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VIC Double trouble for speeding drivers in 40km/h zones

Discussion in 'Politics, Laws, Government & Insurance' started by Jeffco, May 5, 2014.

  1. From todays H/S you've been warned

    DOUBLE whammy cameras to catch leadfoots in 40km/h zones will be added to fixed red-light cameras in a crackdown on dangerous driving.

    Millions of dollars will pour into state coffers as those racing to beat lights in the school, shopping and pedestrian zones face fines of about $650 - $289 for speeding by more than 10km/h and $361 for the red-light offence - and six demerit points in the one hit if snapped.

    Those caught off-guard and who travel, for example, at 65km/h in what is normally a 60km/h zone would pay a $397 fine for speeding, lose four demerit points and have their licence suspended for one month in the newly signed 40km/h zones.

    The switch will be turned on in four locations today at the intersections of Punt and Toorak roads in South Yarra, Punt Rd and High St in Prahran, Whitehorse and Surrey roads in Blackburn and Barkly and Carlisle streets in St Kilda.

    The red-light cameras are already at the four intersections and last financial year nabbed 4787 motorists, who paid $1.3 million in fines.

    Figures show there were 36 pedestrian fatalities in Victoria’s road toll last year, which stood at 242.

    Department of Justice spokesman Jonathan Granger said the speed cameras, which will have variable speed limits to match road conditions, were an added incentive for drivers to slow down and avoid potentially deadly crashes with pedestrians and schoolchildren.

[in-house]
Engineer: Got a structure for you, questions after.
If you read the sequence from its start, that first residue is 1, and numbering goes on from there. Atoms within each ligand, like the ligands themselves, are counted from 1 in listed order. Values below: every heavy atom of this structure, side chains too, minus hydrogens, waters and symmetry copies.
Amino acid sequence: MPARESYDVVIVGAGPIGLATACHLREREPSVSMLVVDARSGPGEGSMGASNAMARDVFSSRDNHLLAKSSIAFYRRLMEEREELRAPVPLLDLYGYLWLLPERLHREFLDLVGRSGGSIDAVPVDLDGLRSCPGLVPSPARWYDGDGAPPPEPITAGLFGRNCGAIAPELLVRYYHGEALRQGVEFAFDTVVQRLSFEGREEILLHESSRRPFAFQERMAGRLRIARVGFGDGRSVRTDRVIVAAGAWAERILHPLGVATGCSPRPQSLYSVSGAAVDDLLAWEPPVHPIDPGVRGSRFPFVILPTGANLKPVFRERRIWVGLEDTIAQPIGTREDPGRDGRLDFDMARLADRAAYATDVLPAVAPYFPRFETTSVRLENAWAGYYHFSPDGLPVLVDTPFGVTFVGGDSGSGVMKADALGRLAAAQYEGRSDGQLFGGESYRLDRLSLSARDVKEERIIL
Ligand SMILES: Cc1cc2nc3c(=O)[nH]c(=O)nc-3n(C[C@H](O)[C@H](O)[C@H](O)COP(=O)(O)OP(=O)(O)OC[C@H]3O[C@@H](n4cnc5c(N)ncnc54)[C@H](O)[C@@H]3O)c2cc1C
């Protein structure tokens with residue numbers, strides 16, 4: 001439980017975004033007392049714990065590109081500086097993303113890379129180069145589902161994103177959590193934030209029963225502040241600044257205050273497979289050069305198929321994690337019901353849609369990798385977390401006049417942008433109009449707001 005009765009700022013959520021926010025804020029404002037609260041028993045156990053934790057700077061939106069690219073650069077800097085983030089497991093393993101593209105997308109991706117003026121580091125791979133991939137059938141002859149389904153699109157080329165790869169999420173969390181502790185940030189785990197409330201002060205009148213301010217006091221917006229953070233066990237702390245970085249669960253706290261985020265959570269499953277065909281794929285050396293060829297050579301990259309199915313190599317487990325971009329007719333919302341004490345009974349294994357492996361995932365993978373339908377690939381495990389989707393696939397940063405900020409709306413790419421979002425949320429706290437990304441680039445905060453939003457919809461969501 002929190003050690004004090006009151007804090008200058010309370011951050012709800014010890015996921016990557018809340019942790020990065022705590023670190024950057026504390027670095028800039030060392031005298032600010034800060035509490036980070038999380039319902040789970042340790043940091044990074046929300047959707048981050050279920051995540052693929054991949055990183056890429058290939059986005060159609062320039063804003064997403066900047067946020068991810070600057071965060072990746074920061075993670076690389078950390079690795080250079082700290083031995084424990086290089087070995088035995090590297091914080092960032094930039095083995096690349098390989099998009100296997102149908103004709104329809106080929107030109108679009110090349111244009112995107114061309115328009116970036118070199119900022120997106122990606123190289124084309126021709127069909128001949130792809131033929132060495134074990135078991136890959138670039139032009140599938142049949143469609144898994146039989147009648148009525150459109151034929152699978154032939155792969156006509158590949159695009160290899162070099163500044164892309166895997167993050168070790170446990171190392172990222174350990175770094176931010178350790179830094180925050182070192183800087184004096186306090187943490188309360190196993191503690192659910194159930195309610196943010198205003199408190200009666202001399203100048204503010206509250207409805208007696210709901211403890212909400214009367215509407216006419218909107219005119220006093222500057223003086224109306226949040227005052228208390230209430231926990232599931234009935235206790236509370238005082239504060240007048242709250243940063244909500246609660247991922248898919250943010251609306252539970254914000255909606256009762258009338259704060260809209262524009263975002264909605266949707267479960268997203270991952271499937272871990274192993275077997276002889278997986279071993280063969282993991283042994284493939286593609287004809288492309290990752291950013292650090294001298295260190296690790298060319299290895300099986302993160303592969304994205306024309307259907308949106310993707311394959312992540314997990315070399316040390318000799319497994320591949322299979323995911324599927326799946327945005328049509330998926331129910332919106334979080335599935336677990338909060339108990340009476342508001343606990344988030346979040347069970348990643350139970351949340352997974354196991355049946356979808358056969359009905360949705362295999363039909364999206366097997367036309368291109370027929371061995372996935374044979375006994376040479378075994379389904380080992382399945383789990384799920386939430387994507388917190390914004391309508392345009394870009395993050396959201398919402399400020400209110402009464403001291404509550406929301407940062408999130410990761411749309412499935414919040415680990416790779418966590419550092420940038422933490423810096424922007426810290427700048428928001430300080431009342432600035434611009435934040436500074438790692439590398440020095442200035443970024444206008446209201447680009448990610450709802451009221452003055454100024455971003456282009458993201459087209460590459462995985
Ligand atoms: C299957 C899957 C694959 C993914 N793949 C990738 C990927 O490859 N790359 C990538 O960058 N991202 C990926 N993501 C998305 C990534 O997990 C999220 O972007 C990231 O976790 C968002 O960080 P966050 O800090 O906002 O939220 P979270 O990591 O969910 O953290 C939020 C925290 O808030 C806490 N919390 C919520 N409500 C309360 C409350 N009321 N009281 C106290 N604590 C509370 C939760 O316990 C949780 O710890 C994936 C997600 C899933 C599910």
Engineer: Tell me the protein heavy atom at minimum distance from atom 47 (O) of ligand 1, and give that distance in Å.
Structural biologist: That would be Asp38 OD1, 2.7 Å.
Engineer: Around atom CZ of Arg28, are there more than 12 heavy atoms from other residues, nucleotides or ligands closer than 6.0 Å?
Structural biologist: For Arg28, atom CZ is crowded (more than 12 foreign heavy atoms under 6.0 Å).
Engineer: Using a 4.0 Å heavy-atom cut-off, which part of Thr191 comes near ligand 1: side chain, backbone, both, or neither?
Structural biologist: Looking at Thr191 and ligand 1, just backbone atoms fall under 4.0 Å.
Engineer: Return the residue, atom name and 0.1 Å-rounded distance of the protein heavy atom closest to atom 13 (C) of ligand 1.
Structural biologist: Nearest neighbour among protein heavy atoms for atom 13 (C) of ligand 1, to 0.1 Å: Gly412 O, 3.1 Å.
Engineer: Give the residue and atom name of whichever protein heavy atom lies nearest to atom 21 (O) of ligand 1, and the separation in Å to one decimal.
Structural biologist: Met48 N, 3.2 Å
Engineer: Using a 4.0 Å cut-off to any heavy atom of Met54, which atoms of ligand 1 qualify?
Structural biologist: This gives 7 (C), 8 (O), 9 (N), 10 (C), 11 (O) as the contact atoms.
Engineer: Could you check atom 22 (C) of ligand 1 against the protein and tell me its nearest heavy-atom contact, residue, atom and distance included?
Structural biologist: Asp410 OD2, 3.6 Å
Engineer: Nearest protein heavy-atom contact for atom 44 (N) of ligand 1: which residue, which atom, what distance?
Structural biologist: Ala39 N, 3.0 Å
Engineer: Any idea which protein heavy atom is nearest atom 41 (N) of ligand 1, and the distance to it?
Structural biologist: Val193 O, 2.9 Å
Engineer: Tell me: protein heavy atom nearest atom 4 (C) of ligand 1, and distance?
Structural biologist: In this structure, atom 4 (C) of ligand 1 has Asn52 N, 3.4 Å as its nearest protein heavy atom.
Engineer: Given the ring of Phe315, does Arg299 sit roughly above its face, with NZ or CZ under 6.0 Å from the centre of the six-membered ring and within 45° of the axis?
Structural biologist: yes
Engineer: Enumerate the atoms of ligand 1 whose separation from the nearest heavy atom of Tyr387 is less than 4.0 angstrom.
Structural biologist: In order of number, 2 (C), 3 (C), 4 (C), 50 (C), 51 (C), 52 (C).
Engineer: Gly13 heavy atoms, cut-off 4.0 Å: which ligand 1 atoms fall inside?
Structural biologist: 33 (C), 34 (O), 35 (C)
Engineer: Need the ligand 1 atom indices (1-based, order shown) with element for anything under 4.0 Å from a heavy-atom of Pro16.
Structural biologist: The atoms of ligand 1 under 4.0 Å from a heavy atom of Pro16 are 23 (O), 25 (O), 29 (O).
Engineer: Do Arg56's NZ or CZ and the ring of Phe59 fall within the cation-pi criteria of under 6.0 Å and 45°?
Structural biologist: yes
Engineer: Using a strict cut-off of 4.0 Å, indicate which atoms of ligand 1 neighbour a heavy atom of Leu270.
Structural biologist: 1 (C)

“Putting the foot on the accelerator to catch the lights is not good enough,” Mr Granger said.
    “The risk of a tragedy is too great to take such a risk, especially outside a school or near shops.
    “These cameras will keep pedestrians safe.”

    The dual camera in the 40km/h zones is the latest arsenal used to catch rogue motorists as State Government and police intensify their attack.

    In March, three cameras were turned on in 40km/h zones at the junctions of Flinders and William streets, Exhibition and Victoria streets in the city, and Fitzroy St and Lakeside Dr in St Kilda - blitzing 14,950 speeding motorists in a fortnight.

    Last month, Victoria Police started using its new supercams that can snap offending drivers texting, talking and tweeting on mobile phones 700m away.

    There is also $17 million allocated to refresh the mobile speed trap network, including a camera that can cover cars in both directions and across multiple lanes.

    • Like Like x 1
  2. Please amend this post with a (VIC) tag..

    And these cameras have been being used for years here in NSW: to the best of my knowledge the sky has not yet fallen...
  3. Camera revenue is down this year, only $140m was gouged in H1 against the budget target of $325m for FY14.

    So we need to pull out all the stops in H2 to get us over the line. We can do it people.
  4. We have warning signs though.
  5. Fixed speed cameras have signs here too, just not mobile ones. Might not for much longer tho... The camera on the corner of Carlisle and Barkly has had a sign warning of speed cameras in the area for ages. Must have been a fib.
  6. I have never had a problem with speed cameras in school zones, you can park a camera in every one as far as I am concerned - but I am dubious of the shopping strip ones.

    I see those 40kph zones as just another crutch for the stupid - how about looking before you wander off into the middle of the road ensconced in your earphone wearing/iPhone using universe?
    • Agree Agree x 6
  7. I'm just happy that speed camera's are the sole reason for our declining & almost non-existant road toll.
  8. Geelong's CBD has just come down to a permanent 40 too, and in Pakington street they've got the big flashing 40 signs from 7-7